For NATPE in January, the four provincial agencies—along with industry sponsors and the Ministry of Foreign Affairs and International Trade, pooled $90,000. This bought a professionally-designed 1,200 square-foot booth, and premium placement. To producers, the booth came with all electronic bells and whistlers, plus display areas for promotional materials, a compilation DVD screened on large overhead monitors, some trade advertising, a media campaign and a participant booklet.

Drawing participants was no problem—the word was put out and producers only had to sign up. In attendance were the four funding agencies, plus five Alberta producers, four from Manitoba, three from Saskatchewan and 13 from BC. Each paid a nominal user fee—$250 allowed for signage, display space and access to a common meeting area. Another $750 added to that a shared meeting/screening room; $1500 bought a private meeting/screening room. Producers were pitching developed or completed animation, documentary, drama and digital media projects—and no one was disappointed.

canwest6“We didn’t get involved with CanadaWest to save money,” says producer Ron Goetz, CEO of Regina’s Partners in Motion. “We’ve been going to shows for four years, and each year the cost was about $15,000. But we immediately saw that $15,000 would go a lot further with CanadaWest.

“When you first go to the one of these markets, you tend not to have a booth. You stay on the floor, see what’s happening, and have meetings in other people’s booths. When we got our own booth at NATPE, it was in with all the independent producers, and that can be a jungle because you have all the mom-and-pop companies there. It worked, but it wasn’t ideal. The Telefilm booth is fine, but if you’re in there you’re one of many players. This year, with the CanadaWest booth, we got a private meeting room. We had our own office with our own stuff in it and buyers could come in to see us. We were able to spend the balance of our show budget on advertising and presentation materials. And, for the first time, we made sales at a market—about $50,000 worth. So it was worth it.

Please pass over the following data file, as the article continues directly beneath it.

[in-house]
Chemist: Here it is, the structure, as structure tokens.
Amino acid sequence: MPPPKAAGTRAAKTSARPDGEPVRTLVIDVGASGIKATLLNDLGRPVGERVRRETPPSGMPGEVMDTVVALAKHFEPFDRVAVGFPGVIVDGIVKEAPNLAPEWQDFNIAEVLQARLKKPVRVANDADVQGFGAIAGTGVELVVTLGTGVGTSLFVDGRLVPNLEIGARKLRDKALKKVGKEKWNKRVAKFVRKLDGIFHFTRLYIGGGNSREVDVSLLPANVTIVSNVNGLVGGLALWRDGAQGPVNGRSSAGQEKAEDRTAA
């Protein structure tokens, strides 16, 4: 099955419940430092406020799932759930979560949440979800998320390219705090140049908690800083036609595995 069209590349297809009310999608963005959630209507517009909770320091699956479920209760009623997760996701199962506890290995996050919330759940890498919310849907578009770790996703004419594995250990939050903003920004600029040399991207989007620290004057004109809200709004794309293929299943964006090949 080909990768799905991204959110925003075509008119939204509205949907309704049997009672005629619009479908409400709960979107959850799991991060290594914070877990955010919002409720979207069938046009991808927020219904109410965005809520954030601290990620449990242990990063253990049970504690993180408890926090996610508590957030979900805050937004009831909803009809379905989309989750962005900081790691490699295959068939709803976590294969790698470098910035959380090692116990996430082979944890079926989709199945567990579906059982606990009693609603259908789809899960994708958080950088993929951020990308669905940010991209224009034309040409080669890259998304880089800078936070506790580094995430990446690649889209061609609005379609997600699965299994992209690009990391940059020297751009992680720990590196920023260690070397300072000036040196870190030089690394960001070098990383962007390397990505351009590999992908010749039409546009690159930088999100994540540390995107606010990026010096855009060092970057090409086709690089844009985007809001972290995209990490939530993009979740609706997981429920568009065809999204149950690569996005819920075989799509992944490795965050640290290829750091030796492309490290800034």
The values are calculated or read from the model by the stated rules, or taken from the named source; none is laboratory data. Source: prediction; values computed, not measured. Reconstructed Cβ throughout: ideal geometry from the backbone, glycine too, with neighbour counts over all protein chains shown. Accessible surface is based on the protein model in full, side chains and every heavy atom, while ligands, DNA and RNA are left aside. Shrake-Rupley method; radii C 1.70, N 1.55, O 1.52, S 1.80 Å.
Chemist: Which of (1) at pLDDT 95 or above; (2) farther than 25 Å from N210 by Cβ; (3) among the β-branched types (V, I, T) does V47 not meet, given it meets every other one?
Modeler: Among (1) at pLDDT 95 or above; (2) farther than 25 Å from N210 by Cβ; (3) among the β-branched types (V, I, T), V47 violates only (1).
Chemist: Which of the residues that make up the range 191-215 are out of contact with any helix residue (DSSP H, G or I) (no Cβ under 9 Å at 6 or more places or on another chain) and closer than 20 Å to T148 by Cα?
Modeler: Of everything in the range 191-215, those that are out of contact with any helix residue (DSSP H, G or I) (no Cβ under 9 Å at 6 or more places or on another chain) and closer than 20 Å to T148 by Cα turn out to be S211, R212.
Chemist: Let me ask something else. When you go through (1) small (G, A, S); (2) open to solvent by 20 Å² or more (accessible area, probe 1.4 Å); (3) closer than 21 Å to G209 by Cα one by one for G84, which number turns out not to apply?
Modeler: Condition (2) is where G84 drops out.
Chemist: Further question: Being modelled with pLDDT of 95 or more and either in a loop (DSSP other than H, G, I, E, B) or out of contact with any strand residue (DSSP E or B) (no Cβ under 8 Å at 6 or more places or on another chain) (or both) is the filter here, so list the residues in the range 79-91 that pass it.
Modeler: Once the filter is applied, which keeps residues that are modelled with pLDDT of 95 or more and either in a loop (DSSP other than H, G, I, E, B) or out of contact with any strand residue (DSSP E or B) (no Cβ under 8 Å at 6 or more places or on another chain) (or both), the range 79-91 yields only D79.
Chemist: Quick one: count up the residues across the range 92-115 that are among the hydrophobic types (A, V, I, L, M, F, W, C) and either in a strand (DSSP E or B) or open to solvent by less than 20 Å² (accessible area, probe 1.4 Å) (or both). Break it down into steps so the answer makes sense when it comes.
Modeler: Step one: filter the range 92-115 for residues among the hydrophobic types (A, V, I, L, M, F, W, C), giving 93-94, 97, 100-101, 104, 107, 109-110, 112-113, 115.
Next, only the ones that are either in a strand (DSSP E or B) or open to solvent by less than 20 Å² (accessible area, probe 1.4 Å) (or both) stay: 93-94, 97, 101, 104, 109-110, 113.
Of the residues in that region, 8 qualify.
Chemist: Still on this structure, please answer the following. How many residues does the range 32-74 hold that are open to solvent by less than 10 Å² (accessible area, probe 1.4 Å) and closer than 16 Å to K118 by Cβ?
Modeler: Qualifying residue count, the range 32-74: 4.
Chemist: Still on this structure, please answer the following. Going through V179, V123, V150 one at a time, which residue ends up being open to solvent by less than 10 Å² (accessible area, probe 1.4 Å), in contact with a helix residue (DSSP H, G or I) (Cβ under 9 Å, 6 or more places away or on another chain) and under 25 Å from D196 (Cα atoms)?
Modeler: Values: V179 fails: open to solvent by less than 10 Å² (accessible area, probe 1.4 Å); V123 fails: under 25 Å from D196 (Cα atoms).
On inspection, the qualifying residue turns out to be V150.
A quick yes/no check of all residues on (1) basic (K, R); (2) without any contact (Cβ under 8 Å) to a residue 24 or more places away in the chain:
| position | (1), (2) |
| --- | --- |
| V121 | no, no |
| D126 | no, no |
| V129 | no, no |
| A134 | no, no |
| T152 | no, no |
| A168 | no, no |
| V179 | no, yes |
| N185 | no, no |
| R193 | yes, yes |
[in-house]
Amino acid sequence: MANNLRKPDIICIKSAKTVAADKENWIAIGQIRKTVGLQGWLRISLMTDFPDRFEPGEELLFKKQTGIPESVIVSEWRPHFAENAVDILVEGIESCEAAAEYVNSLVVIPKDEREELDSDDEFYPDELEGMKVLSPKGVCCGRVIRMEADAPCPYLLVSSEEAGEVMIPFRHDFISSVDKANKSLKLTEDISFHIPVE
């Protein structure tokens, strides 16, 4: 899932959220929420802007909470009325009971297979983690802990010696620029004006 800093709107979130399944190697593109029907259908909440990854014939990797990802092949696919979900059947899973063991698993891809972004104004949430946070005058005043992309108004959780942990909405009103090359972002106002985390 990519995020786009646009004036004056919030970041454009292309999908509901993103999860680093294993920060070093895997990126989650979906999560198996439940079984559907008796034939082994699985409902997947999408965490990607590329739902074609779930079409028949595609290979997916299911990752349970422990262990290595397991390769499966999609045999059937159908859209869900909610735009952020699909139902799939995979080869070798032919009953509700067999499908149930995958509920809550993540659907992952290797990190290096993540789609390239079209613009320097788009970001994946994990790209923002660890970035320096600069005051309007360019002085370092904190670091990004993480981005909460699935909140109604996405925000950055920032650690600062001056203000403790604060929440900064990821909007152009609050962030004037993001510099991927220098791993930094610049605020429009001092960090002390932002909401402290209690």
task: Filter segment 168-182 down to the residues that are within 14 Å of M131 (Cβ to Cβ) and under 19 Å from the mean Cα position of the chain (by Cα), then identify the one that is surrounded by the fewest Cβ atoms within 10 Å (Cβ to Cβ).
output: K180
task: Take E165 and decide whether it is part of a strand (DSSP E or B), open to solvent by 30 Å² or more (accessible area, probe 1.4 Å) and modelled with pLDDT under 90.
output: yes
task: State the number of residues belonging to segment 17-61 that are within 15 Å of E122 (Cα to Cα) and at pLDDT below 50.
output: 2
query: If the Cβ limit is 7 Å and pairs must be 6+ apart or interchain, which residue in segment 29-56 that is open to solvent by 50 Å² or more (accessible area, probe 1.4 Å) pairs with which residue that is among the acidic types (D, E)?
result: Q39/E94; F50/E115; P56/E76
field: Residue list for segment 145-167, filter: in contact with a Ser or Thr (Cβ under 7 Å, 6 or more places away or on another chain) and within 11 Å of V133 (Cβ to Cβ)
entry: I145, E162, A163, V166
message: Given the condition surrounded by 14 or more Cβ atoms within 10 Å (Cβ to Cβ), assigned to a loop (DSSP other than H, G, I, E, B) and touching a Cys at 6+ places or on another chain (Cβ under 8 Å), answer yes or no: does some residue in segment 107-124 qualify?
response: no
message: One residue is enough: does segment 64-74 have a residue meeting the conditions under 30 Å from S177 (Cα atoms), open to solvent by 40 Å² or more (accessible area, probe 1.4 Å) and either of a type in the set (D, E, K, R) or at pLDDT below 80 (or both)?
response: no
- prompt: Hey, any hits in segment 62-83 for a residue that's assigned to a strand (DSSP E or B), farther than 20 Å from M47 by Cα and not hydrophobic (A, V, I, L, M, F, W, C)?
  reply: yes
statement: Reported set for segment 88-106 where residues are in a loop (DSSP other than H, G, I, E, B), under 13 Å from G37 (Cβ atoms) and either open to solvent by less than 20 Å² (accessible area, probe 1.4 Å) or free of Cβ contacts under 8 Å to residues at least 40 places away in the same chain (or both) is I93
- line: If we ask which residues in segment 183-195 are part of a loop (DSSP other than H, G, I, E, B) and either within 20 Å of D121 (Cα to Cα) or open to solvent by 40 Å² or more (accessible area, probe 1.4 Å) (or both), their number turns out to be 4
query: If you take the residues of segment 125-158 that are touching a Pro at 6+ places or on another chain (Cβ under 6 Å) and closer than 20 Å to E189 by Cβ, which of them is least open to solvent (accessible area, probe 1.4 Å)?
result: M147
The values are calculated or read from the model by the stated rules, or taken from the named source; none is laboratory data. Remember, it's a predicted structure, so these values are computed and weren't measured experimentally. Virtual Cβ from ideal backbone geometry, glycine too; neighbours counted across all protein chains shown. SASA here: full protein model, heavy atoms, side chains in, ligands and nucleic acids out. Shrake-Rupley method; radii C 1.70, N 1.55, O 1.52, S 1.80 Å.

“The revenue from markets isn’t that high, but you have to go—the growth of this company would not have happened without our trade show attendance. With each show, you build relationships, people get to know you, and you learn how things work. So I had 60 meetings booked before I got there, but when the buyers showed up at the booth, it was ‘Wow!’ It was definitely a step up. We had a great location, in a sophisticated and professional booth, and that brought credibility to everyone in it. At these shows, booth location and appearance are crucial. The CanadaWest booth felt important and everyone  looked good.”

“It’s basic economy of scale,” explains Egan. “We had more money, so we had a better booth and location, a higher profile, a greater presence, more people. We attracted more visitors and more business. CanadaWest is an interesting initiative and people are looking at it as a real innovation—Telefilm Canada has been in touch to discuss the possibility of working on a Canada pavilion.

“We’re definitely going to continue with it. Any marketer will tell you that you can’t go once; you have to keep going. You have to build that presence and work to maintain it. And given the time it takes for a project to move from development to production to market, it’s critically important that our producers have access to these international markets year after year.”

Vivier was thrilled with the result and says that other things could happen, such as group advertising campaigns and international missions. “The visibility benefit was enormous. The booth was constantly busy—we had about 1,000 people stop by and it was wall-to-wall meetings. The space-booker from MIPCOM couldn’t believe how busy we were.”

For Vivier, there are other important factors. “Each province has its uniqueness and there’s already friendly competition. But this is also a good way for the production companies, which are so far apart geographically, to get to know each other and explore the idea of co-ventures.

Also, while it’s fiscally responsible, as funding agencies, to spend our money wisely and get the most profile for our products, I also feel it’s very important to market ourselves under the Canadian banner, under Canada as a brand. Canada has an amazing reputation, we have co-production treaties with almost every country, we’re proud Canadians and people look for Canada at these shows. We supply the grounding, the producers take advantage of it and develop their own relationships. But the concept of CanadaWest lets us market ourselves as Canadians first.”

 

Blitz Magazine, May 2001